The aquatic touch was an example of the detail poured into the captaincy by McGinley. Two years on, he doesn’t need to think twice when asked about his over-riding emotion in the final weekend before he locked horns with one of the game’s legendary figures, Tom Watson, in an event that, arguably, is only overshadowed these days on the sporting calendar by the Olympics and the World Cup. “Excitement. It was excitement,” he replied.
By then, of course, McGinley had already nailed down his pairings, but there was still some hammering to be done in the team room. “Everything was in place at this point in terms of Gleneagles and the rooms,” he recalled, “but I was working a little bit with the interior design team to make sure the pictures (they included images of John Jacobs, the first European captain, one of the first Britain and Ireland team in 1927 and big ones of Seve Ballesteros and Bob Torrance) were in the right place and the images and messages were going to be hung in the right places.”
To a man, those images and messages inspired every single European player as they pulled off a third straight success. Similar ones were on display in the US team room but, as it emerged afterwards, the harmony in there was in stark contrast to the opposition one. “I really mean this when I say it, I was pretty much unconcerned with what America were doing,” insisted McGinley. “I was consumed with what we were doing, and having our house in order, leaving no stone unturned, having real communication of clarity with the players and what needed to be done.
“I knew Tom Watson was an iconic figure. I knew there would be a lot of talk about his playing record and winning four of his five Opens in Scotland. I didn’t even watch when he made his picks. I just knew that it would be a strong team and that we needed to have our house in order. I wasn’t that concerned about his pairings, I was more concerned with us and what order we were going to play, who we would put out first and so on.”
The 41st tussle in the biennial contest sees McGinley’s successor, Darren Clarke, pictured below, come up against Davis Love, a returning Team USA captain after steering the home side into a winning position following two days at Medinah in 2012 before Europe equalled the biggest last-day fightback to claim a dramatic victory. Like many others, McGinley finds it a fascinating match-up in Minnesota.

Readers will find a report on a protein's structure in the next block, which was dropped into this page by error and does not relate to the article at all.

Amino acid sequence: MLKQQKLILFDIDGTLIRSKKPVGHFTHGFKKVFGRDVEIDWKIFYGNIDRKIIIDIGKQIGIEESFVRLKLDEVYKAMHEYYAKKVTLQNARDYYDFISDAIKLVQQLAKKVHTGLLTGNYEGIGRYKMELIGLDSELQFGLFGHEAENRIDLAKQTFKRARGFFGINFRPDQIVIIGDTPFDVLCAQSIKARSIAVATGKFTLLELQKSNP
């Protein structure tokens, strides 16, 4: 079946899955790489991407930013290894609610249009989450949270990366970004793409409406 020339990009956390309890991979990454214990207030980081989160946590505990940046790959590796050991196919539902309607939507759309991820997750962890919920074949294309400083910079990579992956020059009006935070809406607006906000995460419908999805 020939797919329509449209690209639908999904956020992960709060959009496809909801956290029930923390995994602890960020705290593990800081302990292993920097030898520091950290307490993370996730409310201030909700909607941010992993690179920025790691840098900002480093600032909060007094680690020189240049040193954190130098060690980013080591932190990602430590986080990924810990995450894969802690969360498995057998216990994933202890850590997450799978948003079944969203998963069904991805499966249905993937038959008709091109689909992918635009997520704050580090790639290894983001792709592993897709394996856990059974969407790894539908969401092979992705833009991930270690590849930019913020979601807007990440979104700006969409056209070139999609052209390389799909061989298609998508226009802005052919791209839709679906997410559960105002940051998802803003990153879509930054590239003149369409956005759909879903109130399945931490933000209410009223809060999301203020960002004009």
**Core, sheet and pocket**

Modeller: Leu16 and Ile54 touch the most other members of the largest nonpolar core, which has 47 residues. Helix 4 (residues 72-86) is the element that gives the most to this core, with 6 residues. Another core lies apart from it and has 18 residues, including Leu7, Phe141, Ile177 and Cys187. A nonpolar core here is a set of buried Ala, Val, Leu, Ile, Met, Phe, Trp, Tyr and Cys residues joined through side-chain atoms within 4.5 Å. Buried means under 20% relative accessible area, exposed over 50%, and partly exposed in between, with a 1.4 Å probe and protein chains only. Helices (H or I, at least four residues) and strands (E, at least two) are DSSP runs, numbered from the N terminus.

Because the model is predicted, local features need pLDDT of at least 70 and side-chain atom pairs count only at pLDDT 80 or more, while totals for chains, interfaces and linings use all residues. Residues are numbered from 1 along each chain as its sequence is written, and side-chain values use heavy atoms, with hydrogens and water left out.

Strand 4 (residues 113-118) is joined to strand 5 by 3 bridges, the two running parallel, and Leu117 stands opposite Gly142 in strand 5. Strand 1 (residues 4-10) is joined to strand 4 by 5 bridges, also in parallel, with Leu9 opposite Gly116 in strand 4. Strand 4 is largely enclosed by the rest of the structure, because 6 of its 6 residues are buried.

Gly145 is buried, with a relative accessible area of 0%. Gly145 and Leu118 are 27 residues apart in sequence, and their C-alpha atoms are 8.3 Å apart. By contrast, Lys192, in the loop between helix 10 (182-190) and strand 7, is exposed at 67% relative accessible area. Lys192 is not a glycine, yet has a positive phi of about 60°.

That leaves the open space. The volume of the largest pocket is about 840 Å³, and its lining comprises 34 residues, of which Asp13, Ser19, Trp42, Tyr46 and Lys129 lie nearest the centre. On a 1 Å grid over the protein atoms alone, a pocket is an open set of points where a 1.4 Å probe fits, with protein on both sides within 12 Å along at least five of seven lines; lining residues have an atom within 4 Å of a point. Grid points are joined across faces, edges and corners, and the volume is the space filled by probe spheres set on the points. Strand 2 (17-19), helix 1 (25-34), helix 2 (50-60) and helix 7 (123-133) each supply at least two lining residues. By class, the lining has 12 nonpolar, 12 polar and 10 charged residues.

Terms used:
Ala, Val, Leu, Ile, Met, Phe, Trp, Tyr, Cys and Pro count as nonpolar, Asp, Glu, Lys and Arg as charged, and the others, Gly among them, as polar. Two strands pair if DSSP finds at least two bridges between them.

“I think Darren is certainly going to bring a lot of emotion to it, and bring a lot of personality to it,” he said. “It’s quite clear we’re going to have a good atmosphere behind the scenes and, by all accounts, he’s also done a huge amount of work on statistics and pairings. This ‘15th Club’ statistics team that he used in the EurAsia Cup (which Europe won 18.5-5.5 in Malaysia with Clarke at the helm in January) are going to have a big influence.
“As for Davis, I think he is captaining very much by consensus from what I understand and from what I read. He’s not a lone ranger, he’s not a maverick. He’s working very closely with a number of top players on his team and vice captains. To such an extent, in fact, he’s letting them decide who the picks are going to be. So it’s very much a management by consensus from Davis, and again I’m intrigued to see how it all pans out. I think every Ryder Cup poses a lot of questions and I’m looking forward to seeing a lot of answers when we get to Hazeltine.”
More than ever, part of the spotlight on this occasion, before the event and during it, will be on the vice-captains. Tiger Woods, after all, is in Love’s backroom team while the opposition camp includes Ian Poulter, Europe’s talisman in Chicago four years ago but, like Woods, filling a new role on this occasion due to injury. How Clarke and Love choose to utilise their respective vice-captains – Paul Lawrie and Sam Torrance are also among Clarke’s right-hand men – is another aspect that fascinates McGinley.
“I gave a lot of responsibility to the vice-captains,” he said. “I based a lot of my decisions on their readings of games. I didn’t feel that I needed to be on the front line. I saw myself as a third line of attack. The first line is the players and the caddies, the second is the vice-captains. As one roll of the dice was under way, I was off preparing for the next one. I did that through my conversations with the vice-captains who were reading the games for me. I didn’t see myself like a Seve [Ballesteros], tearing around in a cart and trying to see as much of the golf and support the players as much as he did [at Valderrama in 1997]. I felt that they were very strong on their own with their own caddies, and didn’t need my interfering. That was just the way I saw it. Seve was a very different captain and a very successful one. It will be interesting to see how Darren does it. Will he be front-line like Seve or a bit more withdrawn? There are different ways of doing it. No-one is right and no-one is wrong.”
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